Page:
She was young, I’d guess mid-twenties. She had a sleeve of multi-colored tattoos on both arms. She was pretty. She was nice.

She stood behind the New York City deli counter, slicing salami, making sandwiches. She had a line 16 miles long, snaking outward into the frenetic streets of The City So Nice They Named it Twice.

Some of her patrons were very “particular” about their orders. Although where I come from, we would not call these people “particular.” We would call these people “fussy.” But hey. When in Rome.

The girl took it on the chin. She replied to each “particular” customer by smiling and batting her eyes.

I detected a slight drawl in her voice. I wouldn’t have noticed this in any other city. But in New York, you notice drawls.

It was my turn. I ordered the cheapest sandwich available, an item that cost about as much as an average Harvard doctoral semester.

She began making my sandwich. “Where are you from?” she asked.


A look of wistfulness came over her face. “Birmingham,” she said. “I’m from Birmingham. I was born there.”

“Small world.”

“And it just got smaller.”

The man behind me in line was not happy about this casual conversation between myself and our delicatessen professional. He began clearing his throat loudly.

New Yorkers, I have read, do not like idle chit-chat. I read this in an official guidebook. The guidebook stated: “New Yorkers do not like superficial conversation, eye contact, small animals, children, old people, or anyone who talks slow.”

The man in line behind me cleared his throat loudly again. He was sending a clear message.

“Can we speed this up?” the man actually said aloud. Then he made a “let’s get the ball rolling” gesture.

I was horrified. In Birmingham, this man would have already been in the backseat of a Jefferson County Crown Victoria.

The young woman merely smiled. She looked at me and whispered. “Bless.”

I asked what a Birminghamite is doing in New York, and did she need help coming up with ransom money.

“Oh, it’s not like that. This city’s a great place. Just wait. You’ll fall in love with it.”

The man cleared his throat again and stared me down. I was having a difficult time conjuring up feelings of romance for this city.

“You come to this town,” she explained, “and at first, you’re stressed. Everyone’s always rushing, the pace never quits. New York City is the only place in the world where you can get deliberately run down by a pedestrian on the sidewalk.”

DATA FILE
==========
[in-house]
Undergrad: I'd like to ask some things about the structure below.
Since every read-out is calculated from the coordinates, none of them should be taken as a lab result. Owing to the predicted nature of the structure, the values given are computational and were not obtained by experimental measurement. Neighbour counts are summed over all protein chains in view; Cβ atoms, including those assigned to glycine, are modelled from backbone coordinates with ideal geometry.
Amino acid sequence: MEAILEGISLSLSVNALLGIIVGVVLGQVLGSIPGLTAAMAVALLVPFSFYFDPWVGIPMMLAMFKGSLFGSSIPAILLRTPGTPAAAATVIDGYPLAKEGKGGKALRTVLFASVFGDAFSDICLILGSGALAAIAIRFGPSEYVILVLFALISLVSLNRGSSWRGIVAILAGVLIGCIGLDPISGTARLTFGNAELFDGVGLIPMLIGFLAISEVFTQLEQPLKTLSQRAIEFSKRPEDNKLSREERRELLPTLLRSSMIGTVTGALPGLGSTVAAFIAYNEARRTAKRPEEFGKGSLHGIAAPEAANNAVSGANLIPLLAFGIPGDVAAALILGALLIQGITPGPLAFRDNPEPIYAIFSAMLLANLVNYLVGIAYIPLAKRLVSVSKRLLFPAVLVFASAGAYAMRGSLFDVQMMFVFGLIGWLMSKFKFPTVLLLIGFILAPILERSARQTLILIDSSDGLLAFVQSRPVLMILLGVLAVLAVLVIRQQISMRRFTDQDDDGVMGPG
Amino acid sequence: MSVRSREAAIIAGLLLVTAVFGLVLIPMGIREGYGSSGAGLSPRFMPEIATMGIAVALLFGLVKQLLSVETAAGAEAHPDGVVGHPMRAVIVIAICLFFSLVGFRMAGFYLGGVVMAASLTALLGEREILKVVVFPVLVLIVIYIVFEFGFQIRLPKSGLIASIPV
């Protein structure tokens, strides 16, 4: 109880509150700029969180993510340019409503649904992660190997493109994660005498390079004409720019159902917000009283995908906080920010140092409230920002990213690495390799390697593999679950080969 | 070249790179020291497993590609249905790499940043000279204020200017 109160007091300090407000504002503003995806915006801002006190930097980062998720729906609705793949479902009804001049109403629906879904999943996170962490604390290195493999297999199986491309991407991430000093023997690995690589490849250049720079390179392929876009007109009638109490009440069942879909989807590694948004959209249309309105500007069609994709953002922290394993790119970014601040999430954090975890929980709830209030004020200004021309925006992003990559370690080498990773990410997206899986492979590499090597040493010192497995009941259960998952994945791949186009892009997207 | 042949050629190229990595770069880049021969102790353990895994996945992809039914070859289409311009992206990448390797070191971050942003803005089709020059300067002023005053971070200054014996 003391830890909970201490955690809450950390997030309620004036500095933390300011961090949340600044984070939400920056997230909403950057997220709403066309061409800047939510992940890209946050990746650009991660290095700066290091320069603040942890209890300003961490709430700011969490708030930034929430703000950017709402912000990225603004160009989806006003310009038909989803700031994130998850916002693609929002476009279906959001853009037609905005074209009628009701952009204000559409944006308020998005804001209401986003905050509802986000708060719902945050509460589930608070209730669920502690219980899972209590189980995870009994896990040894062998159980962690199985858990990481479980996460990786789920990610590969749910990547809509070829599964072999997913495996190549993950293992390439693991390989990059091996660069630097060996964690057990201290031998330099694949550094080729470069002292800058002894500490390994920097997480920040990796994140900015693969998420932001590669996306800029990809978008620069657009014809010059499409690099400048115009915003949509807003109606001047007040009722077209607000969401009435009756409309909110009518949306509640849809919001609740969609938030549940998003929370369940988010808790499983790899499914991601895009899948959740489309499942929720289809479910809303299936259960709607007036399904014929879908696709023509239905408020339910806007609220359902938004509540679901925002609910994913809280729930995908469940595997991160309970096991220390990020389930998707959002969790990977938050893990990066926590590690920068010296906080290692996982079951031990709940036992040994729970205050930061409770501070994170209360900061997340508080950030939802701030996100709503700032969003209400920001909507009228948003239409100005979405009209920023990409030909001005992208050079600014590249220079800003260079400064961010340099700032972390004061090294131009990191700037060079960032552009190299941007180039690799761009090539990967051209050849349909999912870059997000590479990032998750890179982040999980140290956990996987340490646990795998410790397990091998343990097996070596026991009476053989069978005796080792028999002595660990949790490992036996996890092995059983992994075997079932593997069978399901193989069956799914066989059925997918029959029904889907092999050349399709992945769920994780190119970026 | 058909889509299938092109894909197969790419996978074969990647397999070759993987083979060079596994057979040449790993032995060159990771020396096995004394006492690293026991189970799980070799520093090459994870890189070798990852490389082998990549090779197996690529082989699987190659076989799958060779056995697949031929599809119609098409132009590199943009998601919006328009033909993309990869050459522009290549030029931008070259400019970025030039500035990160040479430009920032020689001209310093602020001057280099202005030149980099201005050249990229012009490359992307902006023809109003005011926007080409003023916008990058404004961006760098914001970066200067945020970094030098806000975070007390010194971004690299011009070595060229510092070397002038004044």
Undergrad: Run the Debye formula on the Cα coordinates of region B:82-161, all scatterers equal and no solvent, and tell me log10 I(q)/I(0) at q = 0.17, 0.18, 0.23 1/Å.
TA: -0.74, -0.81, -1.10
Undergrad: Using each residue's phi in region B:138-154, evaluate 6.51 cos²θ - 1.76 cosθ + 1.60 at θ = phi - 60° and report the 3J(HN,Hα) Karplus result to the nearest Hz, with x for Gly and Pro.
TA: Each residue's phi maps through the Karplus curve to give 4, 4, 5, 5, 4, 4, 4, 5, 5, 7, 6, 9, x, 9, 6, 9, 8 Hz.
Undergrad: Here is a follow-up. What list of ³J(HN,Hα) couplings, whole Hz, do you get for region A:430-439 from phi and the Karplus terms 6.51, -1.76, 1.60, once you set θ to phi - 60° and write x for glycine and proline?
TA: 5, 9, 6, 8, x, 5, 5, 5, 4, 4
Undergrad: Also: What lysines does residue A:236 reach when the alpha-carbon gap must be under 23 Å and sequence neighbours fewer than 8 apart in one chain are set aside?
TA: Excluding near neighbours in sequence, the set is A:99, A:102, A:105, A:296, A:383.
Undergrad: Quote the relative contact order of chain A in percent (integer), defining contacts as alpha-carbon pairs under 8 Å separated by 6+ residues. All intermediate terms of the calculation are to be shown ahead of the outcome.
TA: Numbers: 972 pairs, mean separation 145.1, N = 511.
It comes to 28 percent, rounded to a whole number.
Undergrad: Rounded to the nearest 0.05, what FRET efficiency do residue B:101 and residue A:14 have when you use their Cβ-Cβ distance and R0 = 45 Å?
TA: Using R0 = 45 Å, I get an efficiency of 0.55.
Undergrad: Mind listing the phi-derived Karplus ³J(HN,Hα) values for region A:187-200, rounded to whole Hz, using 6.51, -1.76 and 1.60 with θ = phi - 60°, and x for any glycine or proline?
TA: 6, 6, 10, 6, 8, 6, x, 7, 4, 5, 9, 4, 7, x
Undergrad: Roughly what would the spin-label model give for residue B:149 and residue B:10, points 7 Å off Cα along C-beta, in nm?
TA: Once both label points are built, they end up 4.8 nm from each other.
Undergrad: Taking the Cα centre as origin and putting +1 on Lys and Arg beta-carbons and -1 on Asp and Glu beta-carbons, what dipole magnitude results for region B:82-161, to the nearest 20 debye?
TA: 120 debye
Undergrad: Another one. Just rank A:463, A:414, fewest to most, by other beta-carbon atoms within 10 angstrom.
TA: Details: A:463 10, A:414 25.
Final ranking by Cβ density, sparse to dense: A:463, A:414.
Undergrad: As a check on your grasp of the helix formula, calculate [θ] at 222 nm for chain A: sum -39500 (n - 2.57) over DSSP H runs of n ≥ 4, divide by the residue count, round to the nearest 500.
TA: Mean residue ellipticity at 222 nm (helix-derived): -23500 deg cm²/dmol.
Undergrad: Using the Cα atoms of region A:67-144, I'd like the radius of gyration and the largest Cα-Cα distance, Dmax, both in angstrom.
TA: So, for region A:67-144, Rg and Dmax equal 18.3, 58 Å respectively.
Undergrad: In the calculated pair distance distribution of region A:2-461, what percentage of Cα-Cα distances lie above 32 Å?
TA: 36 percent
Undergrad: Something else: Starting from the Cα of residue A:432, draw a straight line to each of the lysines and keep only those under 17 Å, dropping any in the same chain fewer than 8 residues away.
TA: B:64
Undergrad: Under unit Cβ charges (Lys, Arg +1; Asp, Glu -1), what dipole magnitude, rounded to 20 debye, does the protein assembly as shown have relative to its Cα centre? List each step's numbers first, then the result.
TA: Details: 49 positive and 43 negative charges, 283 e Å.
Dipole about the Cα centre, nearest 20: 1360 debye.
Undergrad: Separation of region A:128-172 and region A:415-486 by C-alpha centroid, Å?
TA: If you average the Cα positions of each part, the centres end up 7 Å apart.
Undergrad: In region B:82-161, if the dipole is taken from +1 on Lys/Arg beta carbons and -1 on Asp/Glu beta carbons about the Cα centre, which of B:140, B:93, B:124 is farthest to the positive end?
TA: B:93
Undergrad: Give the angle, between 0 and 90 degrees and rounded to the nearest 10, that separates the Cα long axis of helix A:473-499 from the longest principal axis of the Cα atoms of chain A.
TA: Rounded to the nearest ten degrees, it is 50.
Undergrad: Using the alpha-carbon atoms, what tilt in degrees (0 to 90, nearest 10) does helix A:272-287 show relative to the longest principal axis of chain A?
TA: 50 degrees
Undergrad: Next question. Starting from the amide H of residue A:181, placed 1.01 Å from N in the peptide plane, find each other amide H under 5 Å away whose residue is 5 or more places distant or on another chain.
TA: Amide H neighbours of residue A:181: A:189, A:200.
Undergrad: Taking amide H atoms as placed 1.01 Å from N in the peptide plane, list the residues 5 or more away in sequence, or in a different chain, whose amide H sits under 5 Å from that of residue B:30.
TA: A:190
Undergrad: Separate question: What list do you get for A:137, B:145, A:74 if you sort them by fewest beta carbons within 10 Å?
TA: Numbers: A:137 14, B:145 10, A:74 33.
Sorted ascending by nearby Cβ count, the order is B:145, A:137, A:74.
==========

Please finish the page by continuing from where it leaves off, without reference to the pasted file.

“Sounds lovely,” said I.

Throat clear.

“When I first moved here, I cried every night. I was ready to go home. Nobody talked like me. It took me two weeks to realize the word ‘chair’ only had one syllable.”

I asked why she relocated.

“Because my mom was from here originally. Mom was Greek, she died when I was three. I don’t even remember what she looked like. So I came here to find her.”

The young woman has been living here for six years. I asked whether she had found her mother yet.

She smiled. “I have. I’ve rediscovered her in this city. I hang out with my mom’s relatives every day in Jersey City. I live in the same neighborhood Mom grew up in. I’ve seen the apartment where my mom lived as a girl. I can feel her whenever I’m here.”

She handed me my sandwich. The man behind me was annoyed. He wore a face that looked like he’d just sucked on a car battery.

And truthfully, I don’t blame him. My idle chit-chat had caused this man to wait a very long time. Almost 90 whole seconds.

Before I left, the young woman explained the secret to New York City.

“Eventually, you get past the anxiety of New York, and you realize this place is beautiful because you’re totally anonymous here. You just float around, living your life, and everyone keeps to themselves. It’s very calming, being one of the crowd. It’s nice being invisible.”

I hate to disappoint you, Anna. But you’re not invisible.

Sean Dietrich is a columnist and novelist known for his commentary on life in the American South. He has authored nine books and is the creator of the “Sean of the South” blog and podcast. The views and opinions expressed here are those of the author and do not necessarily reflect the policy or position of 1819 News. To comment, please send an email with your name and contact information to

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